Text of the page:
The Impossible objectivity and honest bias
Of course, the pretext of this non-identification is first and foremost the objectivity to which such an encyclopaedia claims: "No need to know which part to integrate in any way since we are in the whole". But we know what to do about "objectivity". The slightest example, the slightest turn of phrase, already implies a bias. There is no point in recalling in this vein that originally the Encyclopaedists project was at least as much to diffuse an ideology as to impart knowledge. Generally speaking, the label "objective" or "independent" is the first indicative of a bias that does not assume itself as such…
Conversely, another project of collaborative encyclopedic site such as Wikiberal for example (which is to be the "Wikipedia of Liberalism"), however partial, admits and claims its partiality: A reader can therefore reproach with reason the lack of " Objectivity of an article, but at least he knows what to stick to-and better yet: he knows what system of thought he can incorporate his reading. Moreover, the community to which the undertaking purports to relate is identifiable, it is possible to determine whether it is approved by that community or not, which is an additional appropriation. By assuming bias, by establishing a clear/uncompromising editorial line, the reader and the opinion and the filter are provided to decode it. Which is therefore not objective, certainly, but paradoxically perhaps more honest..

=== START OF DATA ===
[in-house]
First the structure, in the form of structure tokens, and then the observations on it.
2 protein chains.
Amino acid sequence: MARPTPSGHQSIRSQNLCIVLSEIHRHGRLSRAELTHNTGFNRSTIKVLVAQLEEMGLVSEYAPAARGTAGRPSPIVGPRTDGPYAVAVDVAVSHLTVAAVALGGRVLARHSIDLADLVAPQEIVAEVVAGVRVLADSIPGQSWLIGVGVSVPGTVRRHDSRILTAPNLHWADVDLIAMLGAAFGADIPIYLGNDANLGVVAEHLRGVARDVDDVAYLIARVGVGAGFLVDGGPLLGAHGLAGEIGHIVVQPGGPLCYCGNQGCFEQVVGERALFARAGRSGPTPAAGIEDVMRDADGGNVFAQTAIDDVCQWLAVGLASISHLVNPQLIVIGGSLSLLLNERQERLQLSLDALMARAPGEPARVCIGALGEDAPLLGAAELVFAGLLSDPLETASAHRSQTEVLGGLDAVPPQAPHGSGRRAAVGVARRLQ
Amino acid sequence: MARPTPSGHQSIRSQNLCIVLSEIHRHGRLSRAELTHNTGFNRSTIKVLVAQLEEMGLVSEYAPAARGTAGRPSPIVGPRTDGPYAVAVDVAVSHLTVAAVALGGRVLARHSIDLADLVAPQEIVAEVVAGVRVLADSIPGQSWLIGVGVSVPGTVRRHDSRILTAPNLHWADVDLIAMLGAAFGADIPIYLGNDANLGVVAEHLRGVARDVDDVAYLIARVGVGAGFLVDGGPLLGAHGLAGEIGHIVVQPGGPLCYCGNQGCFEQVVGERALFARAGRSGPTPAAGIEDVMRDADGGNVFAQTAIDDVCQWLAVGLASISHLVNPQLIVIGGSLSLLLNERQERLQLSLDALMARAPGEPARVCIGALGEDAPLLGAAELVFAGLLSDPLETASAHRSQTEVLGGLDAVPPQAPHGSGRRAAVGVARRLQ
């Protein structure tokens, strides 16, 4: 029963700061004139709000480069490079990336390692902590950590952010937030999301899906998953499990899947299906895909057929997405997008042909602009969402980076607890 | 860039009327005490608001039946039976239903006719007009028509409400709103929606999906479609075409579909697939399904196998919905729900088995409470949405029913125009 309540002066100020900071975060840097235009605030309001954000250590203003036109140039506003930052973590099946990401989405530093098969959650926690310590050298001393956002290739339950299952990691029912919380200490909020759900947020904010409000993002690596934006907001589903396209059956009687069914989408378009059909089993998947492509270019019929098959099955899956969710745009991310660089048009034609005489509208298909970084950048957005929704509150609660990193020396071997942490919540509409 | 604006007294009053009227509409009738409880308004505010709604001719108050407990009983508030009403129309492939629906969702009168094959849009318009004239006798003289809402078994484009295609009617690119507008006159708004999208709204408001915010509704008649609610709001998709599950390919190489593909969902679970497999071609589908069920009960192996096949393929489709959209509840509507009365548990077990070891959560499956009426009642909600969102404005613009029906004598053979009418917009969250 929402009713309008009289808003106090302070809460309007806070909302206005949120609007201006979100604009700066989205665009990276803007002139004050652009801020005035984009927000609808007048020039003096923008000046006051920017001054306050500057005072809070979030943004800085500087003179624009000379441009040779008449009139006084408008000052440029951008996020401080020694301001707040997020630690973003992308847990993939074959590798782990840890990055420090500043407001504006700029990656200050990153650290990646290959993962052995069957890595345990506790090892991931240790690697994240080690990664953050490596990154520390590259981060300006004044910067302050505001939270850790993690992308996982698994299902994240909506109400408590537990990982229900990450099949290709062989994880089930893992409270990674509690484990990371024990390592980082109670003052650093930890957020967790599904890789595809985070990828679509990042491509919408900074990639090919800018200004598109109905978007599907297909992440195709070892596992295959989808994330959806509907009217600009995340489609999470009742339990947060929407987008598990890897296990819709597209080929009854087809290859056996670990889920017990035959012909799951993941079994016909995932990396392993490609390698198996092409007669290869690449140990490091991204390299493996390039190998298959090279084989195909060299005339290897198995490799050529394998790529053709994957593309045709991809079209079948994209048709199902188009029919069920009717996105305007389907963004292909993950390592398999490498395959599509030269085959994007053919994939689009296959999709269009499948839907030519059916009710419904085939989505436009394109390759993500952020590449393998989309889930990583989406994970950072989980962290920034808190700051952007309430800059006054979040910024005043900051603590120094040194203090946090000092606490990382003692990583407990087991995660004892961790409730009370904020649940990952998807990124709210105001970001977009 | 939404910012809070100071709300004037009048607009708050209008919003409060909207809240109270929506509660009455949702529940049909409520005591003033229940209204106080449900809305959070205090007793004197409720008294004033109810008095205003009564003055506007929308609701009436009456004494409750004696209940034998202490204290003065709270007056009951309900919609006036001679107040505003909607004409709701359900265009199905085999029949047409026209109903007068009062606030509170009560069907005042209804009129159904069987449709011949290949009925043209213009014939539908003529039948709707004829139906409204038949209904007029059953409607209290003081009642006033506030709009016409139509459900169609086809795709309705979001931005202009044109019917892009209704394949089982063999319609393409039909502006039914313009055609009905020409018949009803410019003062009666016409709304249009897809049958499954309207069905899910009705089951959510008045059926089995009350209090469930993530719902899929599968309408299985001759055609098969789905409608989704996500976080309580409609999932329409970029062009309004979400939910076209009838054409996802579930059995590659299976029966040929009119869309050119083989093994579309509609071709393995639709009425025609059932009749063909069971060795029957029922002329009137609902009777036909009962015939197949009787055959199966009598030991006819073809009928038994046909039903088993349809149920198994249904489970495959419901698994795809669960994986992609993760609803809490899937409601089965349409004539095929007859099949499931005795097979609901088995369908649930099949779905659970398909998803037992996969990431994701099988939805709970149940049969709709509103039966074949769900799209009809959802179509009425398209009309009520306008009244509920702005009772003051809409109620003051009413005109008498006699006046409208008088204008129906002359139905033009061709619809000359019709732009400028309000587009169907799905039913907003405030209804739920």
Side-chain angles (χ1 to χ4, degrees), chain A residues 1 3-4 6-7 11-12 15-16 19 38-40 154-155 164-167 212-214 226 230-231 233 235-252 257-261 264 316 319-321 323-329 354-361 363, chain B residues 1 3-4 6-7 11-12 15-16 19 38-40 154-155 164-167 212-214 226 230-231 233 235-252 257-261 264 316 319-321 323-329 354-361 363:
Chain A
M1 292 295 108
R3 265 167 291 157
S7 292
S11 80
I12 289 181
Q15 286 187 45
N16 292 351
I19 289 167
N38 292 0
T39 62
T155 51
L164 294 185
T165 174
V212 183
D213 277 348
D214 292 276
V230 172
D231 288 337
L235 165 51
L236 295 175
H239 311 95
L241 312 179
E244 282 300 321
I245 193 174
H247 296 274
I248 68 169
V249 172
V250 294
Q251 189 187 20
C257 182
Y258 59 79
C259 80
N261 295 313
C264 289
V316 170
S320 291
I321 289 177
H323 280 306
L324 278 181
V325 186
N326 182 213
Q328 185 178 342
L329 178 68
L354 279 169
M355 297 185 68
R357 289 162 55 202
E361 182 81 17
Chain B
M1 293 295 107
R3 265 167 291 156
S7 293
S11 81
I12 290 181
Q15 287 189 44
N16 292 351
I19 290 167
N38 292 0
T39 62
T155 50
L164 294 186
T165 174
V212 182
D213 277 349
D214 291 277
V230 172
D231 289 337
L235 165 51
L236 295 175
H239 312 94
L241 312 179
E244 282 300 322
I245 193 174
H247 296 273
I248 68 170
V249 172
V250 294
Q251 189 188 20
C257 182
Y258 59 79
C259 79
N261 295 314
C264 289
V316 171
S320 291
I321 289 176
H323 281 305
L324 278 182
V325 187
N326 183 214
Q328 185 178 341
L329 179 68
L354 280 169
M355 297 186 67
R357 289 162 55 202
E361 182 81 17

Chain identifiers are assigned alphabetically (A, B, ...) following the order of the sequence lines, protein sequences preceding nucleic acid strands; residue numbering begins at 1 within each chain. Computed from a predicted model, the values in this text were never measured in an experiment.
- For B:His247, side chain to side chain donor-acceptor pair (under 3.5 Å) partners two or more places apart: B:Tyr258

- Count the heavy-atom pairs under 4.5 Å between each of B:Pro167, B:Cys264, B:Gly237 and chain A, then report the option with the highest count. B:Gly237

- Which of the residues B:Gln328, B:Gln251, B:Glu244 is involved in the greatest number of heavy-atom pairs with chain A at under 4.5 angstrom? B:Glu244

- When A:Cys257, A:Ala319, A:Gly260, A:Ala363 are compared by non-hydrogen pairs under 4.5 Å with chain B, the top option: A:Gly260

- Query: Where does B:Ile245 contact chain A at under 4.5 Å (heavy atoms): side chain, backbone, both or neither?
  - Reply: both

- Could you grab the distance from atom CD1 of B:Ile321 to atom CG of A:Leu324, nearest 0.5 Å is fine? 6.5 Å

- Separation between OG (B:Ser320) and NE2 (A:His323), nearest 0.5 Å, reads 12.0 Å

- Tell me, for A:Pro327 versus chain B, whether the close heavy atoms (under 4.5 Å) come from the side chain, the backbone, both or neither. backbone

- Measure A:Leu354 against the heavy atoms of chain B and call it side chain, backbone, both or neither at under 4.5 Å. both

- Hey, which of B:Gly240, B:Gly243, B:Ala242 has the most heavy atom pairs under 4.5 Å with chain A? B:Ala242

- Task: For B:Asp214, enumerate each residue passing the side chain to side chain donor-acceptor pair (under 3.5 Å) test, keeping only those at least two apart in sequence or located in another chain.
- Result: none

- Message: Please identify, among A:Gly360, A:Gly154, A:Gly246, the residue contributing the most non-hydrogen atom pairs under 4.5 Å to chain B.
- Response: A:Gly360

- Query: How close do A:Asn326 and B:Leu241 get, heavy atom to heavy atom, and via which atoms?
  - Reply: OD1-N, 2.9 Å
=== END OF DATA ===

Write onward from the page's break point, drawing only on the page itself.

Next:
The problem of identity (anonymity) and stability (disappearance of Web pages)
There is still a problem, always relative to the sources but also concerning the Internet support in itself. The ability to identify and be able to relate an article to a broader set (to an author, to the work of an author, to a community, to a school, etc.) is not only sensible to serve the isolated reader: It is also a condition for being quoted, Reused, in short, be established as a reference. But not only would it be tricky to cite a "Zob4042" (pseudo having actually been used on a forum…) between a Kant and a Heidegger in a philosophy paper, but it is also difficult to ascertain the "stability" of what is referred to.
The Internet is indeed a particularly moving medium, where the pages are regularly edited, modified, where some even disappear purely and simply, and this regardless of the referent also equally unstable or difficult Manipulated (URLs of 150 characters, modified at each site restructuring or completely erased and recomposed in case of relocation of the site or change of host, etc.) Anyway…
The Internet is a medium, that is, a tool, and its value depends on how we use it. We can do a lot of things with it, but you always have to keep a reserve force… Power is nothing without control.
CC Photo Credit : Jeramey Jannee